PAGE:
What a beautiful day it was; warm and sunny and filled with the colors of Autumn. We wandered around, looking for the falls, for the statue of Hiawatha, for the “clear and sunny water” and as we headed toward a bench so Kezzie could be fed, I turned around and there it was, the statue of Hiawatha carrying Minnehaha.

We rested and we walked and we marveled at the waterfall and at the beauty surrounding us. The park is wonderful with miles of trails for walkers and bicyclists, and a gated dog run along the river. Minnehaha  Park is right in Minneapolis.

Close to the falls is circular garden dedicated to the poem. A flower-filled fountain, plantings, and benches are within and it is surrounded by some of Longfellow’s words and etchings on the stones.

Longfellow never visited the falls.

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Book cover for Hiawatha, Henry Wadsworth Longfellow, Pictures by Susan Jeffers

By the shores of Gitche Gumee,

By the shining Big-Sea-Water,

From The Song of Hiawatha

Henry Wadsworth Longfellow, 1855

As long as I was writing about Longfellow in yesterday’s post, I thought I would share a book I enjoy  that illustrates a small section of Longfellow’s poem about the boyhood of Hiawatha. The actual poem is quite long, covering 141 pages in my collection of poems and writings of Longfellow. I need to sit down and read the entire poem, aloud. Poems, to me, are so lyrical and I like to read them aloud. How about you?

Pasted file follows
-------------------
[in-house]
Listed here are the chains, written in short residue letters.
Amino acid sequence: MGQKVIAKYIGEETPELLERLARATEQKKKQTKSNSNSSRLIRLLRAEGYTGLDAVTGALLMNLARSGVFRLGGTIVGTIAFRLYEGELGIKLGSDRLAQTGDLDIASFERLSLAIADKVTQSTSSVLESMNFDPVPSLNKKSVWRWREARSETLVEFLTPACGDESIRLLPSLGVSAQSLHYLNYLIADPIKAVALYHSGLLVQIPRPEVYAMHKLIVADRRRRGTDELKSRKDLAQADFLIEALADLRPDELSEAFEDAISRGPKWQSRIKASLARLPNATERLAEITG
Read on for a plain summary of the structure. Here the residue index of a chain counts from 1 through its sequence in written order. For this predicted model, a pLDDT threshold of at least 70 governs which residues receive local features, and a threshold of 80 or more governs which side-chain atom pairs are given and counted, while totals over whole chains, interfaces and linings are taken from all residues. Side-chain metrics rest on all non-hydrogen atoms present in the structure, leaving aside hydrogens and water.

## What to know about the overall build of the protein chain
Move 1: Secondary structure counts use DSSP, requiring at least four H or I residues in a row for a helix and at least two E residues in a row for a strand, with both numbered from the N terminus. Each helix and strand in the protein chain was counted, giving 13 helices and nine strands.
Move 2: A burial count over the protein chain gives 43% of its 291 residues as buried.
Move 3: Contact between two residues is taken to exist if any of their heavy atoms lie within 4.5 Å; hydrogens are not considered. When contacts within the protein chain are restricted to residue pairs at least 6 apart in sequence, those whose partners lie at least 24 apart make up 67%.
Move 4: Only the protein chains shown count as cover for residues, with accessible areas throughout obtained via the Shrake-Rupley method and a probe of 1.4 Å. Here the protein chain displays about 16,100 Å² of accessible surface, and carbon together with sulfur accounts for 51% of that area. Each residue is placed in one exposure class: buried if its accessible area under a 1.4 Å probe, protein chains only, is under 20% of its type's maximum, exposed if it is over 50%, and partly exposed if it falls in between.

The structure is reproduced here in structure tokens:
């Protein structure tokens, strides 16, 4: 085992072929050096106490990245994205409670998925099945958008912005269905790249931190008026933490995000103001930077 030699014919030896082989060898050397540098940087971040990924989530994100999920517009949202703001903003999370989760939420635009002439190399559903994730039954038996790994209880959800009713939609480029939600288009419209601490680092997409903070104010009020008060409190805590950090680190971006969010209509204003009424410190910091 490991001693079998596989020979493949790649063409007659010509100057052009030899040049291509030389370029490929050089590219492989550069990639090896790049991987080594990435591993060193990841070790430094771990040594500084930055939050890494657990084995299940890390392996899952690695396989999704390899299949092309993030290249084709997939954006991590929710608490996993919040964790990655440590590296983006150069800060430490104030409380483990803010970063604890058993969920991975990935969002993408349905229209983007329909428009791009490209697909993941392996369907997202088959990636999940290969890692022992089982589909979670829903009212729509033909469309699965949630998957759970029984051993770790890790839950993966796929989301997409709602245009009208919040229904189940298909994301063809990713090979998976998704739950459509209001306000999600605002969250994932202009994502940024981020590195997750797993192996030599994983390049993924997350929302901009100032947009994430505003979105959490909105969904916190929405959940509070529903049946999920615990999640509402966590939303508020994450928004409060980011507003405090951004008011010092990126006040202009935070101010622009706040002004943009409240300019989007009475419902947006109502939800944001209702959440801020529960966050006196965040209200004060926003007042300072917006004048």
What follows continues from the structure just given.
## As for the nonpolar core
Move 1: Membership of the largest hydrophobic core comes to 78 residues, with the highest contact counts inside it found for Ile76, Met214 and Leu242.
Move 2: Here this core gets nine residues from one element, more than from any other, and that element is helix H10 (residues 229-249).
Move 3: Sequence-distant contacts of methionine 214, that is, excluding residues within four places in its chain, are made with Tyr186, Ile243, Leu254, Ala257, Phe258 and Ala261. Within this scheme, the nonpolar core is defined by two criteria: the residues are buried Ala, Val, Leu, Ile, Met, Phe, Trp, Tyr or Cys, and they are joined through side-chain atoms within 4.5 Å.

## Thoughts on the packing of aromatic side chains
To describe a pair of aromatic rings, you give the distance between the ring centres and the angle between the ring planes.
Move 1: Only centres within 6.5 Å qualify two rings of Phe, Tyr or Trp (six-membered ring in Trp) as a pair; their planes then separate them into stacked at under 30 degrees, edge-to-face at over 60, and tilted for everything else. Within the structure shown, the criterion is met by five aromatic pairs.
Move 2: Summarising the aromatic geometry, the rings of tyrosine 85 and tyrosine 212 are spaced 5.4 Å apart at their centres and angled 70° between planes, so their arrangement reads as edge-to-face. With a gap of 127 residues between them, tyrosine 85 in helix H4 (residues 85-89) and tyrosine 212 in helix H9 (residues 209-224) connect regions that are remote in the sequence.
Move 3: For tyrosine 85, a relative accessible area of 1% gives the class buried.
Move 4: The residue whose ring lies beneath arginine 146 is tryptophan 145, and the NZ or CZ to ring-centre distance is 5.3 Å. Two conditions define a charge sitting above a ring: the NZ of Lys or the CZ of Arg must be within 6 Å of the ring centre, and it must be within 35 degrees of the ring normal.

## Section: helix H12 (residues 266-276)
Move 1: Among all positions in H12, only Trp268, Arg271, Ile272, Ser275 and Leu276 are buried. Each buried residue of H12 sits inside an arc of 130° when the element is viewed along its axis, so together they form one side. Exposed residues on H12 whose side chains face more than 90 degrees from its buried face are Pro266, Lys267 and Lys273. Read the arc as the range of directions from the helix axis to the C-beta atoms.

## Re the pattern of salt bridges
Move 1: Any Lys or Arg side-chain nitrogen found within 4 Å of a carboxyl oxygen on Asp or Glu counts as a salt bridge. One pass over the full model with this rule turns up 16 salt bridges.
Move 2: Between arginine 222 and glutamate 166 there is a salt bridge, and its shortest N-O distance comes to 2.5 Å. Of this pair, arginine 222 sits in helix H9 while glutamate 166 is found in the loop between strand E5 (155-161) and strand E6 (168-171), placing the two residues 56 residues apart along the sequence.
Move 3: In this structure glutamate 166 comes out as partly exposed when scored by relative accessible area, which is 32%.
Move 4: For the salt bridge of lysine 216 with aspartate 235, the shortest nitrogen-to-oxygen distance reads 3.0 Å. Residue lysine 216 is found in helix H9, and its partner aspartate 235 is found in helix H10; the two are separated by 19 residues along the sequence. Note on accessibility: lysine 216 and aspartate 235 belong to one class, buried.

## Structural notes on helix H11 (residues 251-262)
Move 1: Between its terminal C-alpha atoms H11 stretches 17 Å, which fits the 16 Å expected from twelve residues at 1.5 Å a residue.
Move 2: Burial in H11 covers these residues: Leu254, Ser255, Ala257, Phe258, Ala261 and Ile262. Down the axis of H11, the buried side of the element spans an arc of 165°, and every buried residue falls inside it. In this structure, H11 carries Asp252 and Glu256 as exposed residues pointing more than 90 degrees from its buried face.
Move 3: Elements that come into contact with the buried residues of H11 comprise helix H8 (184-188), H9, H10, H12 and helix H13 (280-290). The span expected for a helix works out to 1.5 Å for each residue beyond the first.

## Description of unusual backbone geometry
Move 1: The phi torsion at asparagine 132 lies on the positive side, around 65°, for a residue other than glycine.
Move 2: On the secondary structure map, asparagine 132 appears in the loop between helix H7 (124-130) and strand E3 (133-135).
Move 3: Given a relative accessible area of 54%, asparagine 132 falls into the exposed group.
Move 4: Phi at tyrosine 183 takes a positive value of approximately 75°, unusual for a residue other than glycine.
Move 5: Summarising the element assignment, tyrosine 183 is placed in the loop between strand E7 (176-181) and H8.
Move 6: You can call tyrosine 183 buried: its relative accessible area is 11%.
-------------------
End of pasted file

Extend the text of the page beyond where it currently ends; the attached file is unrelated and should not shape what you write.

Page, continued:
I always think of The Song of Hiawatha during the autumn months. I suppose this is because of the time of year I first heard about Hiawatha and the shores of Gitche Gumee as a young school girl.

Hiawatha is illustrated by a favorite children’s illustrator of mine, Susan Jeffers, who I wrote about here. It is a lovely book to introduce children to this wonderful, epic poem and Jeffers’s artwork captures the spirit of the words. The front and back end papers of the book evocatively captures the feeling of this long, narrative poem, as well as the dedication page.

I think that this would be a great book to sit and read to a young child or an aging parent or grandparent, perhaps around a campfire, after a long hike in the woods, while camping, or on a visit to a national park.

At the door on summer evenings

Sat the little Hiawatha

Heard the whispering of the pine-trees,

Heard the lapping of the waters,

Sounds of music, words of wonder:

Maybe I’ll just sit in my reading chair and enjoy Susan Jeffers’s Hiawatha myself for a while.